It’s fascinating to see how Phosphorescent made so many disparate sounds come together so cohesively, but these songs aren’t just fascinating — they’re genuinely enjoyable. The experimental tendencies wouldn’t be successful if the songwriting wasn’t so substantial. Matthew Houck is truly one of those naturals, a Petty or a Springsteen — one of those songwriters who can feel so down to earth even when they’re being deeper than that. (And this album, which muses on themes like existentialism and fatherhood, gets very deep.) That comes across almost effortlessly on C’est La Vie, though nothing on the album actually sounds effortless. The level of care that you can tell went into this album is astounding.
Cat Power (aka Chan Marshall) has never made a bad album, and her shifts in direction like the soul-inspired 2006 album The Greatest and the electronic-leaning 2012 album Sun have all been great looks for her. So this isn’t a diss at those albums, but the best version of Cat Power is the intimate, stripped-back version, which makes it very exciting that Cat Power’s Wanderer is her first album like that in 15 years. It’s not really a “return to form” though — Cat Power has never made an album that sounds quite like this one. On paper, there are some things that make it seem like it would be a pop album — one song has auto-tune (“Horizon”), one features Lana Del Rey (“Woman”), and one is a Rihanna cover (“Stay”). But even those songs fit the earthy, folky vibe of this album. For the most part, Wanderer sees Chan switching between acoustic guitar and bare-bones piano, and no matter how quiet and minimal the instrumentation gets, her soaring voice — which is as breathtaking now as it was on her mid-’90s classics — is always a massive presence. One of the especially good examples of this is “Black.” Over nothing but some simple acoustic guitar chords, Chan layers two slightly different, highly emotive vocal performances on top of each other while revealing a captivating sense of storytelling. On that song and most others on Wanderer, she makes it look so easy, so simple, like anyone could do it. But not anyone can do what Chan Marshall does. There’s a reason her music has been so highly regarded for over twenty years, and why each new thing she does feels as relevant as the last. She’s got a voice and a songwriting style that’s truly her own, and she’s clearly got plenty more to say with it. These days she takes much longer breaks between albums than she used to, but each time she makes a new one she reminds us how lucky we are to have her around. With her successful return to a grippingly sparse sound on Wanderer, we might even be just a little luckier than usual.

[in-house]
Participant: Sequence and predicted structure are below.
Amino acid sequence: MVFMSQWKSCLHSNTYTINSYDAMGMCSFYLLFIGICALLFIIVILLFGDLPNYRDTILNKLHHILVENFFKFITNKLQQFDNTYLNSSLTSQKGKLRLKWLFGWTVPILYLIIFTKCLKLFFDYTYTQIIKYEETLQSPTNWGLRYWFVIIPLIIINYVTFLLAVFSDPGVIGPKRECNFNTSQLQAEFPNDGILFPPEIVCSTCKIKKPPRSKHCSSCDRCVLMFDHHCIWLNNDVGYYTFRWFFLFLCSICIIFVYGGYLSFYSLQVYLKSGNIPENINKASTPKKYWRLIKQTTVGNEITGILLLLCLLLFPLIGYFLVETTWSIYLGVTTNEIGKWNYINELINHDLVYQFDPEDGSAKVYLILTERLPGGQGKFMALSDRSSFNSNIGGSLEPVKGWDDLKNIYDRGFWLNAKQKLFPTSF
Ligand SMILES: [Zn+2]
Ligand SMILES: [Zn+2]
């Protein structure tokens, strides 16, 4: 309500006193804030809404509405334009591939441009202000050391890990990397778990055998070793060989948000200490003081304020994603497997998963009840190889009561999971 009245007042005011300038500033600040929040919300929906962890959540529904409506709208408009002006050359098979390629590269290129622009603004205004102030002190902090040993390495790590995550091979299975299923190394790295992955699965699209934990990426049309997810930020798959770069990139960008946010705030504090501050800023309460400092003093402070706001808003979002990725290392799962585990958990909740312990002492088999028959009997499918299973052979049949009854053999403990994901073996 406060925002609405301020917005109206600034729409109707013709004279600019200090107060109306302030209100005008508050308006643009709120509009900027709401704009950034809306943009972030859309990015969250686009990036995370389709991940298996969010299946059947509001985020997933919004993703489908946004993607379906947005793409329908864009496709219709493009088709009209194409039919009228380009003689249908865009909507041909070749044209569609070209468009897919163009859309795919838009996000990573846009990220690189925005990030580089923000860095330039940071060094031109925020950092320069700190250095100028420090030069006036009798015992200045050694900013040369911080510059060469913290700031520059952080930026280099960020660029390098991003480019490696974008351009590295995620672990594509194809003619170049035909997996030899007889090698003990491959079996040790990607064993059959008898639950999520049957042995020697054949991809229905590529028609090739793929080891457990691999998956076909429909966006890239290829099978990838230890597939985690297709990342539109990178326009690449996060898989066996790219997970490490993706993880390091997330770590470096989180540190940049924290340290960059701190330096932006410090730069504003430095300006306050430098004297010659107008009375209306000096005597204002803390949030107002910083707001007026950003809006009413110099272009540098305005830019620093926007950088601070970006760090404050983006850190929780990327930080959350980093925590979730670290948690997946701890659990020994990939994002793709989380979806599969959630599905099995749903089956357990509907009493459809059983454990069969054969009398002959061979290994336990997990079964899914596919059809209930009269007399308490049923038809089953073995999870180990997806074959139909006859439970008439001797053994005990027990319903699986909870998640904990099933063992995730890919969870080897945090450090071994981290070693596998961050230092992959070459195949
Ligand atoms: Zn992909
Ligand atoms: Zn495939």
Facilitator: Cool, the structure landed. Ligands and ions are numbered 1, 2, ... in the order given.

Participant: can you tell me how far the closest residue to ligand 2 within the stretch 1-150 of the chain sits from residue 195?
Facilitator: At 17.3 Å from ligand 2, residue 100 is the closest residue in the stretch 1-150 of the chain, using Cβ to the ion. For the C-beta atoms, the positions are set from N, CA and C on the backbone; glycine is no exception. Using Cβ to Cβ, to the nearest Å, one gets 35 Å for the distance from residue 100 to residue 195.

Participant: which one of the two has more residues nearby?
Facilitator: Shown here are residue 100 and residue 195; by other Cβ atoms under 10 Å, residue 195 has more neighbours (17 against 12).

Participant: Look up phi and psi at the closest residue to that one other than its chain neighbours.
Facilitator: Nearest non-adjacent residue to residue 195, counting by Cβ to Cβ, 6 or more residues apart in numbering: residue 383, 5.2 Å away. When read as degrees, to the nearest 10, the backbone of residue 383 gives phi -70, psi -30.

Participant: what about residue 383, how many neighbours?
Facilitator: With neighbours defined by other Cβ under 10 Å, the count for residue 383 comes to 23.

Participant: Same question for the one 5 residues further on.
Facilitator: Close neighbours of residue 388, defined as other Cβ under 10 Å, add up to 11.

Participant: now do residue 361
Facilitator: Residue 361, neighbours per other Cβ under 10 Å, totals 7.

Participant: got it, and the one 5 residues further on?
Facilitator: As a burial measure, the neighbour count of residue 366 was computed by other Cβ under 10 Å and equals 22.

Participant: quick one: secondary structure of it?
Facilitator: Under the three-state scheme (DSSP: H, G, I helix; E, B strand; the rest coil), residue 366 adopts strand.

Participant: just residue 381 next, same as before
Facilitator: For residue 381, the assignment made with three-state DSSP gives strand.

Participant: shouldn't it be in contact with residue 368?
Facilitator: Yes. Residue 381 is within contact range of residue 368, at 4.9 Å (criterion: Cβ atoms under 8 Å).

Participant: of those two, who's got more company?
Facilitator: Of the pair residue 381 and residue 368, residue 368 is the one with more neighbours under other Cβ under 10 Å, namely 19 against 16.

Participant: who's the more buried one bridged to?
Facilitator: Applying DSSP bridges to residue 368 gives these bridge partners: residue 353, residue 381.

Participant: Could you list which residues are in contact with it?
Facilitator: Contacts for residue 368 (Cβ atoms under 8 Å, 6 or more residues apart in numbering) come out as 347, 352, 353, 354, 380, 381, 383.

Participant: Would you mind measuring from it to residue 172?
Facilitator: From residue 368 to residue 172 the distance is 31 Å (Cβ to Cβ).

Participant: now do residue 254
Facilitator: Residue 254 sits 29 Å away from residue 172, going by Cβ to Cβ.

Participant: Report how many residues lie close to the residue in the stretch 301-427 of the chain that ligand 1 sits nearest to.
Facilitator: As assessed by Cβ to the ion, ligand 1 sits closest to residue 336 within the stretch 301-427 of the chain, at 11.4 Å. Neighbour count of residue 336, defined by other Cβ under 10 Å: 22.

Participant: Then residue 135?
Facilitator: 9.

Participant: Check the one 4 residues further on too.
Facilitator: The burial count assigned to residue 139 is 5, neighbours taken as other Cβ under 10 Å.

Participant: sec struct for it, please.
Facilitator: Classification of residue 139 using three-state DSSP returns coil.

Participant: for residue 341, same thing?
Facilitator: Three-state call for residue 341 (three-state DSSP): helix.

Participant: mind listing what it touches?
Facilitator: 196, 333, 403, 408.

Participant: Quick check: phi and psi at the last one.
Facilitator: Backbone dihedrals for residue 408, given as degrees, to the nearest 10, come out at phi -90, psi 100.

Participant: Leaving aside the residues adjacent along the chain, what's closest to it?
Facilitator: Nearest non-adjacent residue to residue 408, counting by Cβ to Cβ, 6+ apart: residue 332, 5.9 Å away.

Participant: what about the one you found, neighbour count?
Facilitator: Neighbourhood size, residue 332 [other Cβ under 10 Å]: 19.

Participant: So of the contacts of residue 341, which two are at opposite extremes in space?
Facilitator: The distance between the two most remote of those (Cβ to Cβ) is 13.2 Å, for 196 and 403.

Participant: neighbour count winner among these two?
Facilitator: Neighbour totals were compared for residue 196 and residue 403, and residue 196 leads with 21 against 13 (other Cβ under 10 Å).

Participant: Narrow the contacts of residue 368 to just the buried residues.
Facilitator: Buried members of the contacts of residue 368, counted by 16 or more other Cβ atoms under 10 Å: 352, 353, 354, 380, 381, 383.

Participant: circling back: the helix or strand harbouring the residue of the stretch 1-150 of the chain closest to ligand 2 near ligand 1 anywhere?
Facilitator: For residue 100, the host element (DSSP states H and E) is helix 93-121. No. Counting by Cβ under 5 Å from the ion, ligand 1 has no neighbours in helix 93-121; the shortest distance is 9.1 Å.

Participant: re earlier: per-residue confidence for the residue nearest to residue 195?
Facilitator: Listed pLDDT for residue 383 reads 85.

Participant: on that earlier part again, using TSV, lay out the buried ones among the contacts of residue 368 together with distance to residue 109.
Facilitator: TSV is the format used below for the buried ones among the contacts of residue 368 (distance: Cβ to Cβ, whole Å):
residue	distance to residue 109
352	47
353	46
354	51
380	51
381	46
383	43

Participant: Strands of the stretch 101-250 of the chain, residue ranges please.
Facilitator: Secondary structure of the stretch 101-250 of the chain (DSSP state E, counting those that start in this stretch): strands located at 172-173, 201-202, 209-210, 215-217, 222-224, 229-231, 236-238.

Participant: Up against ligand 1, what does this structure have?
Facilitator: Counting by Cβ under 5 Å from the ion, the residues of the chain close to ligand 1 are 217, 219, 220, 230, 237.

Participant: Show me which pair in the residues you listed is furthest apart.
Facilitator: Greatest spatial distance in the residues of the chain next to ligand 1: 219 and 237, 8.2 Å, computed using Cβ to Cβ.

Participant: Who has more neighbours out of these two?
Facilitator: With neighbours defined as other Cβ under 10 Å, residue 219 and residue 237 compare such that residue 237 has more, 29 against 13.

Adrianne Lenker was an active solo artist before Big Thief formed, and since Big Thief are a folky band fronted by a powerful presence like Adrianne, it’s easy to sometimes think of Big Thief as the continuation of her solo work. But as Big Thief progress, it becomes clearer and clearer that that isn’t the case. Their material has become increasingly “band” oriented and each member of Big Thief really brings their own unique vibe to the table. So, while Big Thief are still very a much a current concern, it makes sense that Adrianne would feel a need to make another solo album as well. The songs on abyskiss don’t sound like they would be Big Thief songs. They sound like very intimate, very delicate, very personal songs that are best heard performed by an individual with their acoustic guitar. And it’s clear from listening to abysskiss that Adrianne’s songwriting has come a long way from her last solo album, 2013’s Hours Were The Birds (which Saddle Creek is now set to re-release in November, along with a-sides and b-sides, a compilation of Adrianne Lenker and her Big Thief bandmate Buck Meek’s pre-Big Thief collaborations).